Wanna Play High Stakes? partypoker's Sam Trickett Gives us his Top Tips
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Ahead of the Poker Masters which will now be played online at partypoker, we asked High Roller regular and partypoker Ambassador Sam Trickett for his advice for any poker player looking to break into and play in the elusive world of high roller poker.
Trickett, who most notably finished second to Antonio Esfandiari in the inaugural $1,000,000 Big One for One Drop for $10,112,001, sits with more than $20m in lifetime earnings and has a handful of top tips when it comes to playing in these big buy-in tournaments and high stakes cash games.
The very first piece of advice the Englishman has is simple. It's important that everything you do leading up to a tournament keeps you sharp and prepared for what lies ahead.
"Try and get as much studying done," Trickett told PokerNews. "Eat well; clean food that gives you good energy and keeps your mind sharp. Rest well and get eight hours of sleep every night."
Although he admits he's not the best at preparing, Trickett recommends that others put the work in and they will reap the rewards.
Don't Go in Cold
Your preparation isn't just done by sticking your nose in a book, you've got to get a feel for the cards as well sometimes. Just as a marathon runner prepares with smaller races in the months leading up to the big race, the same goes for poker players.
"Watch some poker and play a lot before," says Trickett. "Sometimes I play when I'm rusty, and it affects my performance massively. By playing tournaments leading up to whatever big event you want to play, it keeps you sharp."
Playing against some of the best players in the world is no mean feat, with Trickett saying that you're going to have to put in a lot of work off the table to be able to play to the same level as them.
"You've got to be prepared to work harder than the next guy, or at least equally as hard as the other guys," said Trickett. "These guys work hard, play a lot and speak to each other to discuss hands. Be prepared for the amount of effort that you're going to have to put in to play at those stakes and those games.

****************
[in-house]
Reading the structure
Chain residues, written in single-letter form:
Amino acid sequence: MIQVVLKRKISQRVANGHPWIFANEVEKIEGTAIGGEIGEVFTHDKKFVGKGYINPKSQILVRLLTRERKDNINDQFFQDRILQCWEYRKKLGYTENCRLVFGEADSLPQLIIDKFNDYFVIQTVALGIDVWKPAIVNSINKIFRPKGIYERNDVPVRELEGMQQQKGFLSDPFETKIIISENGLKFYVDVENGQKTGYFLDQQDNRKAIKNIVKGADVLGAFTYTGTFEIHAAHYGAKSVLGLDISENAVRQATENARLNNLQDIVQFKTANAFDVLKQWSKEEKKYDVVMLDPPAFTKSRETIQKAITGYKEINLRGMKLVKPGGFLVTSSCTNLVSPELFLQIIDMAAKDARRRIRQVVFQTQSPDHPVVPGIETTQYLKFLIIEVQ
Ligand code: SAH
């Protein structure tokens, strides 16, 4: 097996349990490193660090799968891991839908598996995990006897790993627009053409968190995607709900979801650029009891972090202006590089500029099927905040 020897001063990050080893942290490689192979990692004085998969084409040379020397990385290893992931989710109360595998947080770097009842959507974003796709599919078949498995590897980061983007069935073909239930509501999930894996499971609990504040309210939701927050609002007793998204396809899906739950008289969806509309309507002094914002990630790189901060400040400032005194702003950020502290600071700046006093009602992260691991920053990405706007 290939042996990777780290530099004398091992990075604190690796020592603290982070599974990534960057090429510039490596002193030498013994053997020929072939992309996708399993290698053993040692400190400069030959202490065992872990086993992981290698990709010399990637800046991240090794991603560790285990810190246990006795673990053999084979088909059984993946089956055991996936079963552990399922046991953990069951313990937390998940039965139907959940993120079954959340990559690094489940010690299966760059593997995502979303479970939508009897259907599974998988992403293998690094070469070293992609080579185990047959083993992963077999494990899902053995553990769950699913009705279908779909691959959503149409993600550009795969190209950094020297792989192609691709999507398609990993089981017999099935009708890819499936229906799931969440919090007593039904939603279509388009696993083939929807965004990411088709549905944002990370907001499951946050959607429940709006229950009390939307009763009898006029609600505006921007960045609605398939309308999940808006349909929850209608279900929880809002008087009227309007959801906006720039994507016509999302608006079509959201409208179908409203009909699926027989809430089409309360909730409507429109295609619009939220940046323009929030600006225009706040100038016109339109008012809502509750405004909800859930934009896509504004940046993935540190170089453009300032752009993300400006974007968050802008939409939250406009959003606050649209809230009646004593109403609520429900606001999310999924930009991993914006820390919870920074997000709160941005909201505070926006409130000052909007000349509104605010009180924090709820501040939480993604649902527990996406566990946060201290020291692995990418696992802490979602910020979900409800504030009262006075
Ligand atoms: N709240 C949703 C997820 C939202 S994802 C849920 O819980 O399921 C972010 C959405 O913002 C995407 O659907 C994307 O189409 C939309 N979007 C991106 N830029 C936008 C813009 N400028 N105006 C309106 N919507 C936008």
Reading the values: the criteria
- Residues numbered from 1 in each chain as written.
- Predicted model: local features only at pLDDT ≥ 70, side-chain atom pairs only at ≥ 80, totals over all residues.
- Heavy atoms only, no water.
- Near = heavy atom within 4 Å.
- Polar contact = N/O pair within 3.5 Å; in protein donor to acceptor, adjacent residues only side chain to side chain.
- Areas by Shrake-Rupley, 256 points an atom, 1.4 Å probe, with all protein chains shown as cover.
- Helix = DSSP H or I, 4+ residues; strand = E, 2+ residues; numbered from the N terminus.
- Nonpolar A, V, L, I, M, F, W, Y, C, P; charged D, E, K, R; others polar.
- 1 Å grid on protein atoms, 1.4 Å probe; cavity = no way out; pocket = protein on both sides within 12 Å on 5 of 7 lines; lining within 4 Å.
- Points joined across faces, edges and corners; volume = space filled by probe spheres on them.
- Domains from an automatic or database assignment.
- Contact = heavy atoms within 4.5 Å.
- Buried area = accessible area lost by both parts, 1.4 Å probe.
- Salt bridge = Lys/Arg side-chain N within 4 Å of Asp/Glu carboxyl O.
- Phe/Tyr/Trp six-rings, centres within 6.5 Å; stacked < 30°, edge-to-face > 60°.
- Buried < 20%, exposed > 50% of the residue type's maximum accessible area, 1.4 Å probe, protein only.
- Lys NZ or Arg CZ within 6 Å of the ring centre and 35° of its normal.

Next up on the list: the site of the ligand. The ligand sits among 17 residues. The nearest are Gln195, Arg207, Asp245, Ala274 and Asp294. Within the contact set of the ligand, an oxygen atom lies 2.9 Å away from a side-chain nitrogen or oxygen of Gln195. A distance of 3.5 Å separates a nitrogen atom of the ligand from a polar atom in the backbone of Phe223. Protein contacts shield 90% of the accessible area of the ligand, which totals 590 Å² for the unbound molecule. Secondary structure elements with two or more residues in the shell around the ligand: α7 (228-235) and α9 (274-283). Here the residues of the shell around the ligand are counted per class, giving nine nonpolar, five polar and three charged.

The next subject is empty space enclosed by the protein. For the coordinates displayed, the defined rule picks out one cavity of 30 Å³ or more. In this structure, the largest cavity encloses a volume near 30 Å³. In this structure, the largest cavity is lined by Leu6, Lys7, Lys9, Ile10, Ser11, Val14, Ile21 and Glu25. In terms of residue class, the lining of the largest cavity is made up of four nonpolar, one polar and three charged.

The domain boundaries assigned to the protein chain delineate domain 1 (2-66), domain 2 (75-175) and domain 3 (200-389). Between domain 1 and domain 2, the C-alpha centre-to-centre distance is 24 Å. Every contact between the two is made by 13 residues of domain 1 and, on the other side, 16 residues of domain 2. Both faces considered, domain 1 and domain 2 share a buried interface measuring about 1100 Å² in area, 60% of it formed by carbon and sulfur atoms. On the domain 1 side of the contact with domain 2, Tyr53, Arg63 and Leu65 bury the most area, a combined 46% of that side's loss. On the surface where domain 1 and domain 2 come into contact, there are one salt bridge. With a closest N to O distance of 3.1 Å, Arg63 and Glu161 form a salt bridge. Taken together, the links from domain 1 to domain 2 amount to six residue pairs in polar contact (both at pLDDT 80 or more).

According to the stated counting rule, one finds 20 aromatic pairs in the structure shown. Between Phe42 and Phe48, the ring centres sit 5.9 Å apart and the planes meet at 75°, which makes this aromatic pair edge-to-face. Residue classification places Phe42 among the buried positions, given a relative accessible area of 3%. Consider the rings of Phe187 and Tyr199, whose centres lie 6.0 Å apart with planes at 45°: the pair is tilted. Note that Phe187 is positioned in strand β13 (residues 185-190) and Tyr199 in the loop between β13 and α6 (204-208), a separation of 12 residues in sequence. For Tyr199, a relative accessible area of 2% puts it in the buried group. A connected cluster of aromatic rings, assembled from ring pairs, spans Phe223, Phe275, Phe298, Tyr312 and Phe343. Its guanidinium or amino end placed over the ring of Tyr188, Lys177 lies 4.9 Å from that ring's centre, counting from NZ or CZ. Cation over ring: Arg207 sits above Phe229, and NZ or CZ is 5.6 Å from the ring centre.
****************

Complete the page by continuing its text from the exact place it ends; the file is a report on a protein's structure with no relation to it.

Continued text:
"They're way more difficult than other games. Take your foot off the gas for even a second, and you fall behind."
Adjust to Your Opponents
"If you're well-rested, you'll play better. When you sit down you can make decisions on what you're seeing. Players play differently all the time depending on little things, like what mood they're in. That's why I adjust to my opponents. Whether it's businessmen or pros I've always done that.
"Just go in with an open mind and pick up as much information as you can."
Variance is a factor at any buy-in level of poker, but with higher stakes, there's a lot on the line. Tricket says that you have to be stable enough to deal with the variance.
"When I first started playing high stakes, I was in Macau. It's hard not to be attached when the stakes are so big and the pots are so massive. When you get knocked out it affects your mood. If you've not played high stakes before it can be really difficult when you first play. It was difficult at first and I wasn't enjoying it because I was emotionally involved
"You can't be like that as a poker player, especially at these stakes. If your mood is affected, then your game can be affected as well."
Advice for Playing with Businessmen
It's a stereotype of high stakes games all over the world. A wealthy businessman sits in the game and is seen as a massive fish who barely knows how to hold their cards right. Trickett has some special advice having tussled with several businessmen over his career as a high stakes poker player.
"People always go in thinking that businessmen are worse than they are, but they're decent players who have played a lot of poker! You're going to be surprised if you've not played with them before.
"Players often don't play as well as they could against businessman because of they think they're bad. They don't bluff them, for example, because they think 'Oh well, he's a billionaire, he's always going to call,' when in actual fact they're not as bad as you think and they play pretty well."
Will Shillibier is based in the United Kingdom. He started working for PokerNews as a freelance live reporter in 2015 and joined the full-time staff in 2019. He graduated from the University of Kent in 2017 with a B.A. in German. He also holds an NCTJ Diploma in Sports Journalism.